High Noon

Credit: John Russell

Eagle-eyed observers and Luddites accustomed to marking time by a campus landmark were the first to notice something amiss in early June. The clock atop Kirkland Hall’s tower had stopped keeping time.

Until then, the clock’s motor, installed in 1966, had run continuously for nearly half a century, says Paul Young, a facilities manager for campus plant operations and the clock’s caretaker for the past 37 years.

“The clock has what we call a sewing machine motor—it’s a little bitty motor attached to a lot of gears,” he says. “These gears have been turning 24/7, and it’s to the point where they’ve just worn down.”

Today’s four-faced clock in the Kirkland tower is not the first. When the building—then called Old Main and boasting a pair of matching towers—burned in a devastating 1905 fire, the original clock was destroyed. During reconstruction of the building, only the south tower was rebuilt.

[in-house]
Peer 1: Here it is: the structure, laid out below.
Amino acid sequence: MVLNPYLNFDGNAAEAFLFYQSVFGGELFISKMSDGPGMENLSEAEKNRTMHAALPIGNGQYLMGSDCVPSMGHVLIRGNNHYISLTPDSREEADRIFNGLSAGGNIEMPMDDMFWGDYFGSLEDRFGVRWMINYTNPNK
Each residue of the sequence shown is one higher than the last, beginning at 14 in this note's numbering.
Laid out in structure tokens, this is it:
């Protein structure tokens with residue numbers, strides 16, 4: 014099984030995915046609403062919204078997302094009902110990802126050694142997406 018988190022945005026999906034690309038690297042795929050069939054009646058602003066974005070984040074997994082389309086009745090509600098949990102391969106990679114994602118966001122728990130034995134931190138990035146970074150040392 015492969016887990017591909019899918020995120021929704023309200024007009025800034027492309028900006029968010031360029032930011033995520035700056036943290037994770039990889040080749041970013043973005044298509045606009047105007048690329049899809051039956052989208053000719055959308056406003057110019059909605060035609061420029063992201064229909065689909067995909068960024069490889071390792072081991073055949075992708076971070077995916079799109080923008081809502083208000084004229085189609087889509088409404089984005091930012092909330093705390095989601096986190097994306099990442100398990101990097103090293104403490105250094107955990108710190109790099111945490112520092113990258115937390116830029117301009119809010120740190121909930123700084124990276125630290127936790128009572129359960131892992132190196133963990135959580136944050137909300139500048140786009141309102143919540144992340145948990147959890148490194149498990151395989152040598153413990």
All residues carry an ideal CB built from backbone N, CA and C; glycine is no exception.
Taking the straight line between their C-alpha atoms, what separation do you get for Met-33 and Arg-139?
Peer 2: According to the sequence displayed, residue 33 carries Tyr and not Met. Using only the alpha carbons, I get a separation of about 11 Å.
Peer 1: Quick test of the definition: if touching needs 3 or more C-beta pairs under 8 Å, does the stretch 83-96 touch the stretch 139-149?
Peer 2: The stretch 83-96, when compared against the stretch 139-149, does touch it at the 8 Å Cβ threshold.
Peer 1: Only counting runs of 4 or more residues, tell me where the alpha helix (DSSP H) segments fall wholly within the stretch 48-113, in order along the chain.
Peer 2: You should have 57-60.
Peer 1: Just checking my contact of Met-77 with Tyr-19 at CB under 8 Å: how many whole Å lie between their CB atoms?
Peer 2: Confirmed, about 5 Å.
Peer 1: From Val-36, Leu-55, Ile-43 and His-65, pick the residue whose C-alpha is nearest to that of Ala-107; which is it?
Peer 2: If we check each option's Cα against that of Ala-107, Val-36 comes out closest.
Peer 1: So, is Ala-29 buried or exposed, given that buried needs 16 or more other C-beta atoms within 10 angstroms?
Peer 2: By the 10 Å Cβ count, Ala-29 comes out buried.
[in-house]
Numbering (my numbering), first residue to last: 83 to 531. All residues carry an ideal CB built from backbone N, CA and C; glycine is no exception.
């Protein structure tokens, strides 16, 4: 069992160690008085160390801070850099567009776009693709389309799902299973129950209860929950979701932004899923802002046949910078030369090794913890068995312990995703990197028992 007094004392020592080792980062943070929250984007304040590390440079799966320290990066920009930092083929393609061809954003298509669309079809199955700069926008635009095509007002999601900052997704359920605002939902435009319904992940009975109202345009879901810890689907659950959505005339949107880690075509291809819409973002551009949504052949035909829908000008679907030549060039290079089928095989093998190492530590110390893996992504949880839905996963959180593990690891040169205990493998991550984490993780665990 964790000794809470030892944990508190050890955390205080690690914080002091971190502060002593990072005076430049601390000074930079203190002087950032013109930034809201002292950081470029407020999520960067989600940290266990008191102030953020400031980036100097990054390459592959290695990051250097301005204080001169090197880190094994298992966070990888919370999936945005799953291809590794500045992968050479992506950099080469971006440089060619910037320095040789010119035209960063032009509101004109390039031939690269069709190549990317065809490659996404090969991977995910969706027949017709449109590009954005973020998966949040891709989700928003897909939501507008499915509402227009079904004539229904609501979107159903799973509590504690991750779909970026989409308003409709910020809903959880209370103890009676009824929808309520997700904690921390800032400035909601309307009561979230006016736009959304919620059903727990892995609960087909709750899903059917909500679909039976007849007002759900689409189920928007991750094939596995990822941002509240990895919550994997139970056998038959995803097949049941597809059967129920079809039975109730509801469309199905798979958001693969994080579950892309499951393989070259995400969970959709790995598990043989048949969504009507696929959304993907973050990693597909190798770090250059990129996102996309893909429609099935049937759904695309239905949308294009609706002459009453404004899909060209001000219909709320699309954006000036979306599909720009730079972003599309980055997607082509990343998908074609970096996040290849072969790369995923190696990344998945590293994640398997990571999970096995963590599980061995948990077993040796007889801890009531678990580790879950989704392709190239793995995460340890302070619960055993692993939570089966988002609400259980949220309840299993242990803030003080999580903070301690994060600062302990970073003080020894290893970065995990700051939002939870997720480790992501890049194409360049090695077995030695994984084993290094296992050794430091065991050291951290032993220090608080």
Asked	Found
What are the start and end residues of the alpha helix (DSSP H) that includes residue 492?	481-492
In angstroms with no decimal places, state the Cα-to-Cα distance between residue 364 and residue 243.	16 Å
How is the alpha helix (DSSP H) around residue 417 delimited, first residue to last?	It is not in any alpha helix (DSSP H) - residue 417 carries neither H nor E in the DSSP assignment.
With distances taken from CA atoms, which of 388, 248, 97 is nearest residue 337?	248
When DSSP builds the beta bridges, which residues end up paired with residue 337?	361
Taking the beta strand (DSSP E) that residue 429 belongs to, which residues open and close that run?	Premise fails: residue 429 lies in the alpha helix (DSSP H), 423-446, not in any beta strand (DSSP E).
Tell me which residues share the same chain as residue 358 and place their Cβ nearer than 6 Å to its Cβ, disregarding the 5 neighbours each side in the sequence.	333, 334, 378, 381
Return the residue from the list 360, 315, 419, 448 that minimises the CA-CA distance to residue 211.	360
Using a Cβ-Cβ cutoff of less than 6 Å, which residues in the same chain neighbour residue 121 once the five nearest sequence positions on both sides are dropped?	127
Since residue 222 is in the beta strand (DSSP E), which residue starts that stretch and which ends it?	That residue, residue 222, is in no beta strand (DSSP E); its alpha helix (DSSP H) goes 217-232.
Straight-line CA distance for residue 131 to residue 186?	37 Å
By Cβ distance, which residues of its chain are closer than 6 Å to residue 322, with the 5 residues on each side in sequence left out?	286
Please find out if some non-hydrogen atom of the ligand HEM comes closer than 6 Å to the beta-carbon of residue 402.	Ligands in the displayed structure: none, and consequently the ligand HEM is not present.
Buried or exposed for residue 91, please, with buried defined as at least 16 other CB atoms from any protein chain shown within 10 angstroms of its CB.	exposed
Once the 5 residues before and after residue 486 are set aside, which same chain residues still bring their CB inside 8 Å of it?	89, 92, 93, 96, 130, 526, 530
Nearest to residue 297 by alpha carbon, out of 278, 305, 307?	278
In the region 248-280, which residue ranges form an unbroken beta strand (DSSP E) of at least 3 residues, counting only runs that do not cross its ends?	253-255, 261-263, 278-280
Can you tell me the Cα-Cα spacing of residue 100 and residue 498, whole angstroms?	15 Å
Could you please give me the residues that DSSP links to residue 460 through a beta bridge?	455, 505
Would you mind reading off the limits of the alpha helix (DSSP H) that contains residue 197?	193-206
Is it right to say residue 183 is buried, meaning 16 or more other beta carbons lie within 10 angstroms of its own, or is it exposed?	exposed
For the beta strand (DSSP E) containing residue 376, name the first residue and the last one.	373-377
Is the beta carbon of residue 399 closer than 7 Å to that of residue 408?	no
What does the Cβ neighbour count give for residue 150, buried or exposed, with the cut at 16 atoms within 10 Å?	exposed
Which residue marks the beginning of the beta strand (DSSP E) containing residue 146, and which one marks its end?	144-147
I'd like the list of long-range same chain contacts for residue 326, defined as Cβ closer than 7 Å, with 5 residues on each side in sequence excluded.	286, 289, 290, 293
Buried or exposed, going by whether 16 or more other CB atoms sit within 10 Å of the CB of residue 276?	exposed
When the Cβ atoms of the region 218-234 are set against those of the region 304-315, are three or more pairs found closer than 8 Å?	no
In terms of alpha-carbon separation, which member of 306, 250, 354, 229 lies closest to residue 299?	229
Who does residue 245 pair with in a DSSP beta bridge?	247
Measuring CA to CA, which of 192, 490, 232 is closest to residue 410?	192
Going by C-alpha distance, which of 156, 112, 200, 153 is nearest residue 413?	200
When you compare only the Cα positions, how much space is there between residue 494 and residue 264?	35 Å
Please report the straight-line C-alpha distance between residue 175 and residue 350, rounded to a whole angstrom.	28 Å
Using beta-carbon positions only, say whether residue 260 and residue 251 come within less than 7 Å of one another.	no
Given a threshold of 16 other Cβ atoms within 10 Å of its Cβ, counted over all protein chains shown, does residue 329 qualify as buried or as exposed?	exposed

The children of Vanderbilt faculty who lived on campus organized a fundraising effort to replace the clock’s bell, which bears the inscription: “Gift of the children of Vanderbilt University—1906—Ring in the Nobler Mode of Life.”

For now Young has set the hands at 12 o’clock. The bell, which is powered by a separate electronic mechanism, continues to ring on the hour.

Young isn’t sure when the clock will be running again. Companies that service such clocks are increasingly rare, and he wants to consult with several to find the best solution—preferably one that requires little maintenance. By Young’s count, it’s 108 steps from Kirkland’s basement to its main roof, from which the tower rises. From the tower it’s 94 steps up to the bell’s location, and another 32 from the bell to the tower’s top.

Read about a Vanderbilt alumnus’ journey up the Kirkland tower. 

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